The High Court has declared unconstitutional, a Reserve Bank of Zimbabwe (RBZ) exchange control directive converting sums in accounts originally designated in US dollars into Zimbabwe dollar-denominated accounts, ordering a bank to pay a particular holder of such an account in foreign currency within seven days.
The ruling is from the lowest level of court that can handle such a matter and the decision may still require confirmation by the Constitutional Court (Concourt) in terms of Section 175 of the Constitution.
The High Court ruling comes after business partners — Ms Penelope Douglas Stone and Mr Richard Harold Stuart Beatie, represented by Mr Tendai Biti — took CABS, RBZ and Ministry of Finance and Economic Development to court over US$142 000 deposited in its business account.
The legal fight between the business partners and their bank spilled into the High Court following RBZ exchange control directive RT120/2018 issued on October 4, 2018.
Money from the pair’s business could only be paid in bond notes and coins, but not in the United State dollar which was the currency in which it was denominated.
The concept of the Nostro Foreign Currency Account came into existence following RBZ’s Monetary Policy Statement of October 1, 2018.
Justice Happias Zhou granted the duo’s application on the grounds that it was legally and morally unjustified for the central bank to change the currency of a bank account by simply renaming it.
The impugned exchange control directive, Justice Zhou ruled had retrospective application, in that it arbitrarily converted an existing United States Dollar account balance into something else by arbitrarily imposing an RTGS value on the United States dollar value of the credit balance in the applicants’’ account.
“Equality of value is not something that can be arbitrarily or capriciously imposed in the manner that the Governor of the first respondent (CABS) sought to do in relation to the balance in the applicants’’ (Stone/Beatie Studio) account,” he said.
He said it was offensive to any sense of justice that a person who holds money in a bank can wake up on any day to be told that his money means something else different from what it has always been.
“The directive effectively disables any withdrawal of United States dollars from that account. They can only withdraw bond notes,” the judge said.
“That reality cannot be altered by renaming the account as an RTGS FCA. This drastic deprivation of existing rights is not what is contemplated by . . . the Constitution of Zimbabwe as constituting regulation of the monetary system, protecting the currency of Zimbabwe and formulating and implementing monetary policy.”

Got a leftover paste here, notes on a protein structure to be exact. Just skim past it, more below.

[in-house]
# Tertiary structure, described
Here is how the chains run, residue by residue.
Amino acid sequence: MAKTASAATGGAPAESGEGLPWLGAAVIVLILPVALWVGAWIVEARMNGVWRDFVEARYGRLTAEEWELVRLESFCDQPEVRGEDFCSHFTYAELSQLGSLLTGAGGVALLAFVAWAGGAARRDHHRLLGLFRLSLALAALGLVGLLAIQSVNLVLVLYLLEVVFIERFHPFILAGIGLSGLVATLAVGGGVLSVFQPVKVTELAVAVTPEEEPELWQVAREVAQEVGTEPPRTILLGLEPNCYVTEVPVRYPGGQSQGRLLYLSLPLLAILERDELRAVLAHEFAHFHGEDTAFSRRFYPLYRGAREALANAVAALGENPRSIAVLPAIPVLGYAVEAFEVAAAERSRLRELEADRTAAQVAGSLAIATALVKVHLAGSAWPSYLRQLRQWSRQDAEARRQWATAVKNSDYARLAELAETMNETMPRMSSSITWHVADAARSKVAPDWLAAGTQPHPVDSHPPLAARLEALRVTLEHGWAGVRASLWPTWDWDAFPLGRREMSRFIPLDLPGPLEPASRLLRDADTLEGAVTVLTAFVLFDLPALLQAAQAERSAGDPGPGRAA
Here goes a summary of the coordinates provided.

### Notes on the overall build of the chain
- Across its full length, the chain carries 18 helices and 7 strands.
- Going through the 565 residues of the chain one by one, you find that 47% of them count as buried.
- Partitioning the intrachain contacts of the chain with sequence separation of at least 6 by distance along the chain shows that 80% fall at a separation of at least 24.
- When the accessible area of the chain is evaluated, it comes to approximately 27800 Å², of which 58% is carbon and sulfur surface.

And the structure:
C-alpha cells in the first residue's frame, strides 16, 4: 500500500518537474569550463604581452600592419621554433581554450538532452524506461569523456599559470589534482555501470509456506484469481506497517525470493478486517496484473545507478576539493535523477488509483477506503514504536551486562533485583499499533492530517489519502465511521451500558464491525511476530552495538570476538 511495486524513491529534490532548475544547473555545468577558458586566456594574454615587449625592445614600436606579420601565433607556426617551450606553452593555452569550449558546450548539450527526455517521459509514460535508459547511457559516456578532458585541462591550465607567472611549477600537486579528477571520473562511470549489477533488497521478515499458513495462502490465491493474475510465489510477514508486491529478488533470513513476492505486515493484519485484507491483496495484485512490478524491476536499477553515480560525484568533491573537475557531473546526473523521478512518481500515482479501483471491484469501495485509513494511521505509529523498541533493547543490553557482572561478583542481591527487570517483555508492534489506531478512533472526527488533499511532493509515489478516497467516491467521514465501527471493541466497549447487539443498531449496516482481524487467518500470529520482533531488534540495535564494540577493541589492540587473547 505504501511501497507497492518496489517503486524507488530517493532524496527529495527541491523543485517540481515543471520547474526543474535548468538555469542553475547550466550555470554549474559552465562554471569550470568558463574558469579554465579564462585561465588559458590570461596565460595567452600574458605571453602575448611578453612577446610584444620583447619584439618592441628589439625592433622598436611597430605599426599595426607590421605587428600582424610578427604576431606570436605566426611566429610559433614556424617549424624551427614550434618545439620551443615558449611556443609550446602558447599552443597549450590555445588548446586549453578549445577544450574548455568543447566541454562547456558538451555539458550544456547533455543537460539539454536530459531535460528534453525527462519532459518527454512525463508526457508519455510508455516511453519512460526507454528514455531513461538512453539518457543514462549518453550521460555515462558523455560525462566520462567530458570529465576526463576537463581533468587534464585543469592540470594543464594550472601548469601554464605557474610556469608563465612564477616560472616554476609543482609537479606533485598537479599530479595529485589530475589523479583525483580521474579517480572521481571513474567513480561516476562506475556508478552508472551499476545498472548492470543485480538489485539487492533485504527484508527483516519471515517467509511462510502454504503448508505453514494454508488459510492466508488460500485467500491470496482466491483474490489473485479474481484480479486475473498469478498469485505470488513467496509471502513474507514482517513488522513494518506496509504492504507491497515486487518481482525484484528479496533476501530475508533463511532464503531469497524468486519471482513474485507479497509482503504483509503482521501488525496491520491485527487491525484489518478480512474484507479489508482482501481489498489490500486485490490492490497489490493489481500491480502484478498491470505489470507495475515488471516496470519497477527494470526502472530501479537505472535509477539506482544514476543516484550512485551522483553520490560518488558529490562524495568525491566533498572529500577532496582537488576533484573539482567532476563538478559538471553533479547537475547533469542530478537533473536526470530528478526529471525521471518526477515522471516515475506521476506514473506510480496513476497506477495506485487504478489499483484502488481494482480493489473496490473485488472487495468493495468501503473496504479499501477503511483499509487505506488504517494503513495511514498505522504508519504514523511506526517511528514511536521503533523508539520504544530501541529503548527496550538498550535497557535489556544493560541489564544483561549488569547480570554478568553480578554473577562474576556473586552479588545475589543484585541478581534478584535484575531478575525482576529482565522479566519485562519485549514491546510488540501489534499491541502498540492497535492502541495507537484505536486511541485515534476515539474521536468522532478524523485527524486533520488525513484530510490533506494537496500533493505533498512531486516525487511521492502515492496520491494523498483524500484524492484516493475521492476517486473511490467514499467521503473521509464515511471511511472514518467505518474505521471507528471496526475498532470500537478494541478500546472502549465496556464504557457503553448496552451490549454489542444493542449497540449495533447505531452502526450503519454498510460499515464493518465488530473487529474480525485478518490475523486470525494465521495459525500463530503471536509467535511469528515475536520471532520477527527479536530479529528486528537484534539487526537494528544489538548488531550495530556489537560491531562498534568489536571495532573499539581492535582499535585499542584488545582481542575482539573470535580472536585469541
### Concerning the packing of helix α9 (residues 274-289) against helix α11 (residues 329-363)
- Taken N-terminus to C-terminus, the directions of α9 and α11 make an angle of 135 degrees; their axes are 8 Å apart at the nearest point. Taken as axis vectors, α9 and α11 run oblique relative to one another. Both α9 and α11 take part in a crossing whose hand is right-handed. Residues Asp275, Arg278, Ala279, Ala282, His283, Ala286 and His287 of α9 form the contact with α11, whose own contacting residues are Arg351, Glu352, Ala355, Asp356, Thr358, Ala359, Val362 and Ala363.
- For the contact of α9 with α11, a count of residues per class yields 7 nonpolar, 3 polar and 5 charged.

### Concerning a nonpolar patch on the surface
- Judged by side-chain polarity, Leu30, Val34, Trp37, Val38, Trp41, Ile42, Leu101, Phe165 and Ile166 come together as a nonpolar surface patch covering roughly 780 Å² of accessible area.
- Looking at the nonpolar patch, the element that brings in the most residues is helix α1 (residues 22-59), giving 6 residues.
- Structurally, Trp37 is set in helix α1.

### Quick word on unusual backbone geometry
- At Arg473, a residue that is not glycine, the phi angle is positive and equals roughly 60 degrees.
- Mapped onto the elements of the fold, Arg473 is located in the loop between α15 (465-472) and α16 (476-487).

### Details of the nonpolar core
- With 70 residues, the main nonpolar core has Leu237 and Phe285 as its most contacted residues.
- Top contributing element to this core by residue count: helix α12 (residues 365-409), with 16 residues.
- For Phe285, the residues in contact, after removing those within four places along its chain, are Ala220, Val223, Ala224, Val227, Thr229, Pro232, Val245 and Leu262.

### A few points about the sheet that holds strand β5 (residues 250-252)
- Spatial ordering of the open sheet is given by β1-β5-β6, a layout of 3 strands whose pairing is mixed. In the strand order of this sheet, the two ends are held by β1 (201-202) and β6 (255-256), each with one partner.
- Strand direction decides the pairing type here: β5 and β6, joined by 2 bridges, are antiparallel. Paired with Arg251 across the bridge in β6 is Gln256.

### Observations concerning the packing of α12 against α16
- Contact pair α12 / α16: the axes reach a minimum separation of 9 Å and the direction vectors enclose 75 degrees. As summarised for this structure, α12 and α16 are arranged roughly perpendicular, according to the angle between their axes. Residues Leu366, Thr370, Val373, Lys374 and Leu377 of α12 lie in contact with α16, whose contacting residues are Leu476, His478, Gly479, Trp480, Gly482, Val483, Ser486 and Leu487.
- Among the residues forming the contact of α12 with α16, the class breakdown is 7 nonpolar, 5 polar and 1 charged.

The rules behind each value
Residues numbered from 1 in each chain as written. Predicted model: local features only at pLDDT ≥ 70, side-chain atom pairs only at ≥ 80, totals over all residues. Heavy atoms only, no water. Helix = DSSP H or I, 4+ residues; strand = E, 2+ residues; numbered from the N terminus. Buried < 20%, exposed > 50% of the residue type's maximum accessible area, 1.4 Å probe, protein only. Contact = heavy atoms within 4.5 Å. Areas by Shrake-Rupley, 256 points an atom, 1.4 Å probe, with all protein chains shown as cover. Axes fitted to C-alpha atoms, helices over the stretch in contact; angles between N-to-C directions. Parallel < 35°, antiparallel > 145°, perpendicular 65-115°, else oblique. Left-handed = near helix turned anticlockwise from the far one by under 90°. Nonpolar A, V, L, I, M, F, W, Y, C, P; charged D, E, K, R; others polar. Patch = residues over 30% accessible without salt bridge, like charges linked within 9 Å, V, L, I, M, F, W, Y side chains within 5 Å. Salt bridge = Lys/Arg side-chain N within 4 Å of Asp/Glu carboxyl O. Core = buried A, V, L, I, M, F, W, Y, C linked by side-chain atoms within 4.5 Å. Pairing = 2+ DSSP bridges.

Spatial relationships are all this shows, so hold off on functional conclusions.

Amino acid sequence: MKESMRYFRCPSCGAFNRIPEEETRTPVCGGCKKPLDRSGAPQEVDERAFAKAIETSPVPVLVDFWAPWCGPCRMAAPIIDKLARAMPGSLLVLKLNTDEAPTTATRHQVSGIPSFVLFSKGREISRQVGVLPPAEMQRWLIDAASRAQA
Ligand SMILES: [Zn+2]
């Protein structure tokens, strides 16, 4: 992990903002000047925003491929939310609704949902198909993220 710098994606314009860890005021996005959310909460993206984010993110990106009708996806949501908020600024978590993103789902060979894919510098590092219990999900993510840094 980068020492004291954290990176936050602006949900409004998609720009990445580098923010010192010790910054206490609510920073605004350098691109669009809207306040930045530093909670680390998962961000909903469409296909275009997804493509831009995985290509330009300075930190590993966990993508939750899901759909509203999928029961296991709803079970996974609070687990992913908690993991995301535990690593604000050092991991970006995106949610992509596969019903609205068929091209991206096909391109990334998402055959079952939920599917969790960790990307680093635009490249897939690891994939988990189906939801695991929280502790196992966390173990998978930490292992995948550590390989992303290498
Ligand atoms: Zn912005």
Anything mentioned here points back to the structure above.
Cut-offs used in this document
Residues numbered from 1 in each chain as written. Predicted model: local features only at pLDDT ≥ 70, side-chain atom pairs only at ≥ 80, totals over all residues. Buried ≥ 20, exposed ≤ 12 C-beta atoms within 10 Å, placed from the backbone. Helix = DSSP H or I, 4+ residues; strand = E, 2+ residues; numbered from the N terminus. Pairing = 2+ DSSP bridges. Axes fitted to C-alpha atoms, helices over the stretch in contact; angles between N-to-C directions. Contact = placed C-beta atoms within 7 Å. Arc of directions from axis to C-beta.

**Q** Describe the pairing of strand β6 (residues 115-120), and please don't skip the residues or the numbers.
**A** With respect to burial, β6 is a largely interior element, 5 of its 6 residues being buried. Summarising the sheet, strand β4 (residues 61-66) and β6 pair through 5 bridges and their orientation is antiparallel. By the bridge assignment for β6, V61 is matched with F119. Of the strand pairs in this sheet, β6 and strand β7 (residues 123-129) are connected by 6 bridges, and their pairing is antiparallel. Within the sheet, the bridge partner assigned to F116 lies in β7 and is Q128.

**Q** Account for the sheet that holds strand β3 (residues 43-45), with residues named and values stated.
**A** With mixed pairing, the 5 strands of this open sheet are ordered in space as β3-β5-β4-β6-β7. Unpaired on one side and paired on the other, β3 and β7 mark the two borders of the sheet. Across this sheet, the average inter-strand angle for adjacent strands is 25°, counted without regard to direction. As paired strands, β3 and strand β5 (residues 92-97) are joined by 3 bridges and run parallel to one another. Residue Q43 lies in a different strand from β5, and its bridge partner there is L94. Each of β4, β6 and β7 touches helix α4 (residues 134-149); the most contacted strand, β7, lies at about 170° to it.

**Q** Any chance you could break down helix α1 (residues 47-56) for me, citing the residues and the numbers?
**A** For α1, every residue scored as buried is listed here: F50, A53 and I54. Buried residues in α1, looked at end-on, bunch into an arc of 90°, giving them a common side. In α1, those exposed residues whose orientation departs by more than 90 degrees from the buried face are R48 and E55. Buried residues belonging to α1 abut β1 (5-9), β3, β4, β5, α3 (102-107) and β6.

“The democratic founding values of accountability, responsiveness, justice and transparency would be violated by a decision which, without recourse to any affected individual, businessperson or investor, changes the currency of money in a bank.”
Justice Zhou said if the decision of CABS was to be allowed to stand the effect of it was that the duo’s money was now $142 000 which is probably less than 4 percent of its value at the prevailing official rates which the court cannot ignore.
The decision to reduce $142 000 to a small fraction of its value , the court ruled, could not be defended in the values enshrined in the Constitution, as this manifestly violates the right to property.
The judge also found that the RTGS is not a foreign currency and wondered how it could have hosted in a foreign currency account.
“The sovereignty of any Government to determine currency cannot extend to arbitrarily changing the currency of money in a bank to another currency as that would not only be unlawful deprivation of property in contravention the right protected in the Constitution of Zimbabwe but compels a party, the CABS, to breach its contractual obligations,” said Justice Zhou.
This, he added, would be contrary to all notions of justice and fairness, and to the rule of law and good governance if the State or the bank was allowed to simply rename money in an account and decide that it has become something else different from what is in the account.
The judge said such conduct was an affront to the tenets of the Constitution which binds the State and all institutions, respect “transparency, justice, accountability and responsiveness’’.
“Power must be exercised with sensitivity to fairness and justice, and in a manner that does not unnecessarily deprive persons of their rights,” he said.
The exchange control directive was, in the court’s view, illegal, irrational and unreasonable for offending against the rule of law and the constitutional values of good governance.